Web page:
Indeed, the origins of this cocktail couldn't be any fresher. Dick Bradsell, the bartender who invented the cocktail, was inspired by his childhood love for picking wild blackberries. Although the typical recipe calls for blackberry liqueur and not fresh blackberries, you can certainly use one of these as a garnish, and even muddle some in your drink if you want to get serious, especially if you're making the cocktail when the fruit is in season, during the height of summer. Alternatively, you could add some blackberry syrup for an extra intense flavor. As a bonus, this drink is easy to make even for inexperienced bartenders. For an even easier version, try this Bramble On cocktail, made with nothing but gin, lemon juice, and raspberry jam.

6. French 75

When this cocktail was invented in the New York Bar in Paris during World War I, it was said to be so powerful that drinking it felt like being hit with a French 75-millimeter gun, which, at the time, was the French army's most significant weapon. An apt comparison for a cocktail made with plenty of gin as well as Champagne, but what's even more fitting, is that the field gun in question was the first one made that was able to compensate for recoil, and, indeed, the French 75 is as smooth a cocktail as they come.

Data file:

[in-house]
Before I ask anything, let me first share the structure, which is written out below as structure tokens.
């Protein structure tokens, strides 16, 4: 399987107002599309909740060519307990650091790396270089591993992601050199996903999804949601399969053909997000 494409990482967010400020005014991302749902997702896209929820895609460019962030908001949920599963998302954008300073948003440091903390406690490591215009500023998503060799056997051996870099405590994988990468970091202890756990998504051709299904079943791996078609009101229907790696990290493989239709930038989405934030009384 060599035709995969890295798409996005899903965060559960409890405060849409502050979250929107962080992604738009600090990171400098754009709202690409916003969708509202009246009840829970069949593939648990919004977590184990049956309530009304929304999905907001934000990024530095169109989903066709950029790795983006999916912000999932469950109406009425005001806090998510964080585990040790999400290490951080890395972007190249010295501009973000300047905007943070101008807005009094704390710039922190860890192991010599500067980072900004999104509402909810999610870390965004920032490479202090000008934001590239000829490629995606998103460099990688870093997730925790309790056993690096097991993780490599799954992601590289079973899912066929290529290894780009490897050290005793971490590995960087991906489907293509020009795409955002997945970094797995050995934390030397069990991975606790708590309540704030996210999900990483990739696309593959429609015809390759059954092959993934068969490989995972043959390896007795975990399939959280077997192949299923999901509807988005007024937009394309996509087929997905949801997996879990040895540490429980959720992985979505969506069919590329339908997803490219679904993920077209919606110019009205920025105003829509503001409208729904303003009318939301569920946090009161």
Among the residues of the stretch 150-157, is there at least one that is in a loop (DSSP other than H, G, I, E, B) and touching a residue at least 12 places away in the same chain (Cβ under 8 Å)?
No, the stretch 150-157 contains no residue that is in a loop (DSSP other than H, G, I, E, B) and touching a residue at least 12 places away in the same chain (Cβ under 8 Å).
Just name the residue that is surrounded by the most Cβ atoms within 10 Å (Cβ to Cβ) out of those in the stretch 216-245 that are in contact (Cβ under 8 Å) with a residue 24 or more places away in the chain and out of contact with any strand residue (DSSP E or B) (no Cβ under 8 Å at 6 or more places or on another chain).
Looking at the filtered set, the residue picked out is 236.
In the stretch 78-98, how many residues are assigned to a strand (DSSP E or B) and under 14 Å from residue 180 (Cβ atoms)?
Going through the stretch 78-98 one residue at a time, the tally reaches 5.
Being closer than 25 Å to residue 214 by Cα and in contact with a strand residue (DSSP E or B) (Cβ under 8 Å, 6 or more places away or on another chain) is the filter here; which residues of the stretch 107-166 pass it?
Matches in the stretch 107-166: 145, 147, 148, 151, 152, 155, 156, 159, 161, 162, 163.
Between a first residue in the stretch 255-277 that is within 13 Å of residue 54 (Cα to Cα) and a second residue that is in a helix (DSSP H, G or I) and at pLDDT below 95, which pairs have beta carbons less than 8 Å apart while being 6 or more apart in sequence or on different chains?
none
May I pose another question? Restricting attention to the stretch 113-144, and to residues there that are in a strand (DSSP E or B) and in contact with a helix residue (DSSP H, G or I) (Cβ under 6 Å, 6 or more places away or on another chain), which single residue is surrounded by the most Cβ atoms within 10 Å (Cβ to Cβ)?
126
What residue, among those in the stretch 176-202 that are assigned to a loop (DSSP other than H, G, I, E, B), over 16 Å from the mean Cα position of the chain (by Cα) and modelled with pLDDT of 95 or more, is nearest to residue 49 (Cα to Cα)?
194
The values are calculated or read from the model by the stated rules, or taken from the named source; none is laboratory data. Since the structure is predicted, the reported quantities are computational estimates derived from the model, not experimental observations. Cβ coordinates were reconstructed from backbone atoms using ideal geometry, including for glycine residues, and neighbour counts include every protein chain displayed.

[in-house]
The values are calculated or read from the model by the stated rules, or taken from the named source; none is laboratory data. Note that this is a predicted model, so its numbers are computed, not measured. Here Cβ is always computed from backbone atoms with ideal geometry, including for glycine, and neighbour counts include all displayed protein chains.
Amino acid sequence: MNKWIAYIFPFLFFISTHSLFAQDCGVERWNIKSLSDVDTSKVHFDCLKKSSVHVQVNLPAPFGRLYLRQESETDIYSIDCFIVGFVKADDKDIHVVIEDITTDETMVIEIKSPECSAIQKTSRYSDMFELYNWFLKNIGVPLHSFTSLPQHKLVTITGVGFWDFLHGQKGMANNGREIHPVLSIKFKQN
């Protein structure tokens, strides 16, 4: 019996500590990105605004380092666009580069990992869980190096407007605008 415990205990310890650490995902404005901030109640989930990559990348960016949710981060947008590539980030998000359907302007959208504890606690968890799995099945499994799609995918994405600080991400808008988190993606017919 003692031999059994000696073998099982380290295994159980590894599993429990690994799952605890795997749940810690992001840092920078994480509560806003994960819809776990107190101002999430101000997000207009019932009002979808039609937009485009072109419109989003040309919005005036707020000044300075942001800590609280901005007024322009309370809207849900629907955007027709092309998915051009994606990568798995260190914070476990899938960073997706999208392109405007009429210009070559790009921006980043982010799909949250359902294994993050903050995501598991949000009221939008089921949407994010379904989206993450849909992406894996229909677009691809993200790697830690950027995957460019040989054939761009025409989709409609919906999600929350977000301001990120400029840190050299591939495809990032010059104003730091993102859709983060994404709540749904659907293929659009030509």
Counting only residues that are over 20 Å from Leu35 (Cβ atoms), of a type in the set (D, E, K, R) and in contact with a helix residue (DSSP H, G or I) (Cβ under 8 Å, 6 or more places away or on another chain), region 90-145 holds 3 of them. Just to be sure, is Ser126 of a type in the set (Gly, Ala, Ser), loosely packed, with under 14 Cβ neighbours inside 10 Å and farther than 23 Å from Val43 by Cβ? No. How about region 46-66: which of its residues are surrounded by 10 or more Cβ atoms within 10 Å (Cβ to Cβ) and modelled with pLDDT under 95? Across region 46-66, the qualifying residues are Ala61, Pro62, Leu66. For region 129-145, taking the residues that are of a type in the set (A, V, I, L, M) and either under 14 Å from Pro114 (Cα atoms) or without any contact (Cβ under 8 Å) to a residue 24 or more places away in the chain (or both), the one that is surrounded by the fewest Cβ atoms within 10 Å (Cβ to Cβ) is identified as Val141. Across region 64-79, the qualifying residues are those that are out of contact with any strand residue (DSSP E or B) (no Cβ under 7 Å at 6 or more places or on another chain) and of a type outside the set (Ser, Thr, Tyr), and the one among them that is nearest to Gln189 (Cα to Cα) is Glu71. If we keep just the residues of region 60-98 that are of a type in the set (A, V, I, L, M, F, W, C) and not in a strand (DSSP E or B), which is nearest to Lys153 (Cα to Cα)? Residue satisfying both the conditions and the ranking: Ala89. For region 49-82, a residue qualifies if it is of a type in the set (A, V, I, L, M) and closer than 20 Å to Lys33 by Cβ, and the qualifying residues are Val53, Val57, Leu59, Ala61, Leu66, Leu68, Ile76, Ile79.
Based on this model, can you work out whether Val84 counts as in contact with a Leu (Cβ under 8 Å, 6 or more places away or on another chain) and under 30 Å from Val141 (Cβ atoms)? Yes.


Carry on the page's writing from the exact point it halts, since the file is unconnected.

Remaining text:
If you haven't tried this drink yet, it's time to get cracking. Our timeless recipe can be made safely at home and is complete with suggestions for ingredient substitutions and creative garnishes. Indeed, this drink is extremely versatile, meaning you can substitute many of the elements and still call it a French 75. For instance, an elderflower syrup instead of the usual simple syrup can add added floral notes that pair exquisitely with the botanical notes in gin, while no one will fault you for swapping lemons for limes. You can also serve this drink at pretty much any time of day. It makes for a step up from the usual mimosa at brunch, and it can also get your appetite going as an aperitif.

5. Tom Collins

The Tom Collins is one of the most ubiquitous drinks you will find at bars around town, in part because it requires simple ingredients that can be used in a range of other cocktails — namely lemon, soda, simple syrup, and gin — and because pretty much any bartender can whip one up without much of a sweat.